- Start date: 1 September 2015
- End date: 31 January 2019
- Funder: BBSRC
- Primary investigator: Dr Tang Tang
National survey data for the UK shows that portion sizes of some energy dense foods (foods more than 2.5kcal/g) are associated with overweight and obesity. The term ""portion distortion"" is now commonly used to reflect changes in portions of foods offered outside the home over the last 20 years. This proposal sets out to challenge the portion size effect by testing a variety of environmental strategies to ""downsize"" portions offered to infants and selected by pre-schoolers and adolescents.
The first study will record typical portion sizes of high energy snacks offered to infants aged 24-36m then test the effect of replacing or reducing portions served of these foods within a pilot randomised control trial (RCT).
The second study will involve systematically changing meal item amounts served in nurseries using variety and palatability to offset the portion size effect on self served amounts in pre-schoolers. The third study examines the feasibility and acceptability of using "nudging" to promote smaller portions of snacks in adolescents using social media and digital technologies for sharing social norms of portions. The fourth study uses direct observations in households with infants and pre-schoolers to identify packaging solutions matched to family needs to adjust portion sizes for family members. The final part of the project will provide evidence to recommend ways that stakeholders such as families, childcare workers, healthcare professionals, industry and policymakers can apply downsizing strategies to support healthy portion control.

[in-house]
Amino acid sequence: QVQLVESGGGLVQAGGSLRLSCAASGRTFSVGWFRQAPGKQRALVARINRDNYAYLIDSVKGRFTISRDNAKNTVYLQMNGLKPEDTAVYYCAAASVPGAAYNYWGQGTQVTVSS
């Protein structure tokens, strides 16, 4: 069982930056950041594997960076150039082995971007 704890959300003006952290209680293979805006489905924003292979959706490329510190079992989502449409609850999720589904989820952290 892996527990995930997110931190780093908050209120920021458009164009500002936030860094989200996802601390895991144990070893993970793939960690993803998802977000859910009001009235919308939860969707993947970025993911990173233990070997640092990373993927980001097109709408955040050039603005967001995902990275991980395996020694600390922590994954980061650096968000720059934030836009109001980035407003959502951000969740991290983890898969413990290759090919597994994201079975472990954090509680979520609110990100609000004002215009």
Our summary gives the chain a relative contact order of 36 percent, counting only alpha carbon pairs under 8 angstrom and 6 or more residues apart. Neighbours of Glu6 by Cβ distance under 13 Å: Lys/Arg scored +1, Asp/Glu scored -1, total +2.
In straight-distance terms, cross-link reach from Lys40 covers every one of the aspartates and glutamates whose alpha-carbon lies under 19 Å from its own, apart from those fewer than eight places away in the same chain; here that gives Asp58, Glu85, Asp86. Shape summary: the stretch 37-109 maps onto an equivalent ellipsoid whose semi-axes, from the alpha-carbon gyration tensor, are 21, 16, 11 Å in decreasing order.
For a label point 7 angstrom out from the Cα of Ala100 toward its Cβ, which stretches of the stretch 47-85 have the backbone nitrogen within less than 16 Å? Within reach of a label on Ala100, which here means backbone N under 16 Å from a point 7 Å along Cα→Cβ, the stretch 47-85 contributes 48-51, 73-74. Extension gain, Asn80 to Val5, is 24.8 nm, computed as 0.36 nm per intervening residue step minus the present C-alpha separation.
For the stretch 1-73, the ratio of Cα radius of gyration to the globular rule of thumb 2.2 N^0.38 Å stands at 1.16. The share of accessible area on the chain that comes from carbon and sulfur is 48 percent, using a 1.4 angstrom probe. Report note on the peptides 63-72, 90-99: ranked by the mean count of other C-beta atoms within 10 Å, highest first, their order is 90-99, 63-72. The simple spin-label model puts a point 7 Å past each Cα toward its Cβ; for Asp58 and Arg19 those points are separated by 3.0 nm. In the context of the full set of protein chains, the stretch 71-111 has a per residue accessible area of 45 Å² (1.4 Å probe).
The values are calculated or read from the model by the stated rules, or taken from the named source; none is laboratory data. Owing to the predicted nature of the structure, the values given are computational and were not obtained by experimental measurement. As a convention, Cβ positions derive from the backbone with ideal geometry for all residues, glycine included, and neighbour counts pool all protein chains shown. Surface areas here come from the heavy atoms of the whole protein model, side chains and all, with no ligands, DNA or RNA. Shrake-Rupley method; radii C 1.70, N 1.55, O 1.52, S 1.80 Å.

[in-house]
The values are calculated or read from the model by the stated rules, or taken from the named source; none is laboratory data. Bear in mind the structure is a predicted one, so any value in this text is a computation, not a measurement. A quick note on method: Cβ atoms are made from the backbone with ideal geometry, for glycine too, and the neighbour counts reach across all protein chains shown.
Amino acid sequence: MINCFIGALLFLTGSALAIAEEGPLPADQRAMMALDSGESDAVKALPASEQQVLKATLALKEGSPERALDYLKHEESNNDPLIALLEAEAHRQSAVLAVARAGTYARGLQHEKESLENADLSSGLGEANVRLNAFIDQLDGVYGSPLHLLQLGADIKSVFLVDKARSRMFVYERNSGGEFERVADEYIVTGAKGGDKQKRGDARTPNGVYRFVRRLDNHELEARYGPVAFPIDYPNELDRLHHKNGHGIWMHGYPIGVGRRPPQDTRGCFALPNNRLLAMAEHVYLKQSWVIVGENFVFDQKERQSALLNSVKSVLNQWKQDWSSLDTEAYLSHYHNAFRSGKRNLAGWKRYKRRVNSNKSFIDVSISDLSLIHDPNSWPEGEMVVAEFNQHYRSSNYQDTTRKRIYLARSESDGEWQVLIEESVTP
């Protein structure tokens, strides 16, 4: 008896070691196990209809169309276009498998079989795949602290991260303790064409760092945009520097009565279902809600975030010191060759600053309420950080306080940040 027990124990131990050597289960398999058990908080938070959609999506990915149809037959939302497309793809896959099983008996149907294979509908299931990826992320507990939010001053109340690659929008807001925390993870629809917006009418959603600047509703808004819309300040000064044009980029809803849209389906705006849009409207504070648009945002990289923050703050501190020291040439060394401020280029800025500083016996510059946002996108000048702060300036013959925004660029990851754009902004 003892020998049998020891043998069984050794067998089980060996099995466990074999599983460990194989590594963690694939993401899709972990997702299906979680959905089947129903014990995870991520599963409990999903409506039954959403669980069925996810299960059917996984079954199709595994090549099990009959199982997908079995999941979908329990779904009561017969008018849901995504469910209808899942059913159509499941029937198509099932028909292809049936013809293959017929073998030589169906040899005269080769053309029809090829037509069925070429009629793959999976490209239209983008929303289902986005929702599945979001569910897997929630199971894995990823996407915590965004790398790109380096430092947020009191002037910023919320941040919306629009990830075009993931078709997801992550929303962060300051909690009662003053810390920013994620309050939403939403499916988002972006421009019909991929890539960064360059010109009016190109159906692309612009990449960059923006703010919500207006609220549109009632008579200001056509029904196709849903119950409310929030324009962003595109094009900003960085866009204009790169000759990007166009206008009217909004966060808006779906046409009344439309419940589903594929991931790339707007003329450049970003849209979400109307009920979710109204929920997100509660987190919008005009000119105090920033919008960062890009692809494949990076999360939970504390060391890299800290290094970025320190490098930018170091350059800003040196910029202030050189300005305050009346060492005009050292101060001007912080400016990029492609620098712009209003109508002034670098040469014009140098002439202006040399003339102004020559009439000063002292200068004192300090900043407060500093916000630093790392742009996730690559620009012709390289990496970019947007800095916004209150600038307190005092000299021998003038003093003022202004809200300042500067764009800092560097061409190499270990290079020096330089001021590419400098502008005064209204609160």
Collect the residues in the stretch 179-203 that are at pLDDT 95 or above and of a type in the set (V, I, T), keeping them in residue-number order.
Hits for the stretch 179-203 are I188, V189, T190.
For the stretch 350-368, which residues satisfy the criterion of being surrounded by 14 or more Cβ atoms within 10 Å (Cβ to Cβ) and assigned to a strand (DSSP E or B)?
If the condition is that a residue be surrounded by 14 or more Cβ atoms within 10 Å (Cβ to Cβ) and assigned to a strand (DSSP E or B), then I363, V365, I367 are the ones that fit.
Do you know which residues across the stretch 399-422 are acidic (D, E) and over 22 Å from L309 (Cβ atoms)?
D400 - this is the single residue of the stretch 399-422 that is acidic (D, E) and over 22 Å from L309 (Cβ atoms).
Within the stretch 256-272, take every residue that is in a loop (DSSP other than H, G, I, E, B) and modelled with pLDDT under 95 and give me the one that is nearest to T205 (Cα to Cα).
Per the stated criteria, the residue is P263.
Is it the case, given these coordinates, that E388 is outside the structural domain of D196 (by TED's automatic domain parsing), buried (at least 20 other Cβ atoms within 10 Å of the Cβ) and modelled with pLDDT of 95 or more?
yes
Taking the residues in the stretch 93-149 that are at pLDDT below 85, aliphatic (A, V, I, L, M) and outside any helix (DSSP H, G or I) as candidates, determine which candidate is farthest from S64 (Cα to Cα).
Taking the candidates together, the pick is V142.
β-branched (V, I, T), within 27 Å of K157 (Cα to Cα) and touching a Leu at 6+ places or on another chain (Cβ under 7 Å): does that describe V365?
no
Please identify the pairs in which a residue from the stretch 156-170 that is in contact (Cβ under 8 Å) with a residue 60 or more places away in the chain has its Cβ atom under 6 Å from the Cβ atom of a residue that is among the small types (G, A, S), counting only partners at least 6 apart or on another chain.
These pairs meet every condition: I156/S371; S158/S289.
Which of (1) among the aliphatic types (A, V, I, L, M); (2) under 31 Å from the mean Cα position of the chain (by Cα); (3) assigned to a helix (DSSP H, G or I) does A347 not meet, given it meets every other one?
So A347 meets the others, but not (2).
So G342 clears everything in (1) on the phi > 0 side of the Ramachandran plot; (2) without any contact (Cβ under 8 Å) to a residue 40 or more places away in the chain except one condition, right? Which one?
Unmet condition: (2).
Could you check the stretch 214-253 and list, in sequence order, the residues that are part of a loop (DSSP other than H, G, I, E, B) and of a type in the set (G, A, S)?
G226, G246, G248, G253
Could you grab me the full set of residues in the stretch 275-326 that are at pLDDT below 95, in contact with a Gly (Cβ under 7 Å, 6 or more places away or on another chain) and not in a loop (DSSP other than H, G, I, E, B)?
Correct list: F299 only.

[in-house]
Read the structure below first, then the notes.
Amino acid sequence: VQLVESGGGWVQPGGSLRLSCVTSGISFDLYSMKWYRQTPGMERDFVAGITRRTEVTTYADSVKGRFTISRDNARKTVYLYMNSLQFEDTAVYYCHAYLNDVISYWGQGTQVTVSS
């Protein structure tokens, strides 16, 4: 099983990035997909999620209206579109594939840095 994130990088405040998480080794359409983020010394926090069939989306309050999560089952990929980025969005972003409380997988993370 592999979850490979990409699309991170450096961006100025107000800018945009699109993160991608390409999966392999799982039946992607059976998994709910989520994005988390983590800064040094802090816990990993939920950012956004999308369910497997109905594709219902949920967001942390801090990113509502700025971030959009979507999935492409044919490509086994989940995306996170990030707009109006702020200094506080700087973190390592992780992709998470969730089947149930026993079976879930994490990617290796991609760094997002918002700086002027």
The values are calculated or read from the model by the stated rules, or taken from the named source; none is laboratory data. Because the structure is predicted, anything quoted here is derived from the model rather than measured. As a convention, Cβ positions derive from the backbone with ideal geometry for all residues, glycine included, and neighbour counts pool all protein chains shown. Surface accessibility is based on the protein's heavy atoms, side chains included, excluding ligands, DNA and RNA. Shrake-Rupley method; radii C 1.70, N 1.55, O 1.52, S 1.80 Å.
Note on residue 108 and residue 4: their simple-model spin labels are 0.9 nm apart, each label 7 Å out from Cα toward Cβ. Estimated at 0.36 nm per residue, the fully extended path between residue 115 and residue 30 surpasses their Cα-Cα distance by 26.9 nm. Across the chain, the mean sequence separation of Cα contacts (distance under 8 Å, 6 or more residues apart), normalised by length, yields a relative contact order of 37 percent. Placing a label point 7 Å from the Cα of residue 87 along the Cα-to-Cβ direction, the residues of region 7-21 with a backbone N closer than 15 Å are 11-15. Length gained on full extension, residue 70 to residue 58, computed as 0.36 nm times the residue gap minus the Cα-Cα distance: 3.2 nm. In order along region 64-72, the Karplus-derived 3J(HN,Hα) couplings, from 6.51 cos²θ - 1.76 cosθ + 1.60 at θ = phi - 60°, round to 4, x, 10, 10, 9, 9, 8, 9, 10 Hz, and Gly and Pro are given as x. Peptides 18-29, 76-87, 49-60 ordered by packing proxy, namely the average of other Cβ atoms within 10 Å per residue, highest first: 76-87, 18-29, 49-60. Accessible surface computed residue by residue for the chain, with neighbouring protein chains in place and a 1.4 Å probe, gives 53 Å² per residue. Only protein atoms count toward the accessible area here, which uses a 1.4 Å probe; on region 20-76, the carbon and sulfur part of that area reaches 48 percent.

Publications and outputs
Hetherington, M.M. and Blundell‐Birtill, P., 2018. The portion size effect and overconsumption–towards downsizing solutions for children and adolescents. Nutrition bulletin, 43(1), pp.61-68. Available online.
Hetherington, M.M., Blundell-Birtill, P., Caton, S.J., Cecil, J.E., Evans, C.E., Rolls, B.J. and Tang, T., 2018. Understanding the science of portion control and the art of downsizing. Proceedings of the Nutrition Society, 77(3), pp.347-355. Available online.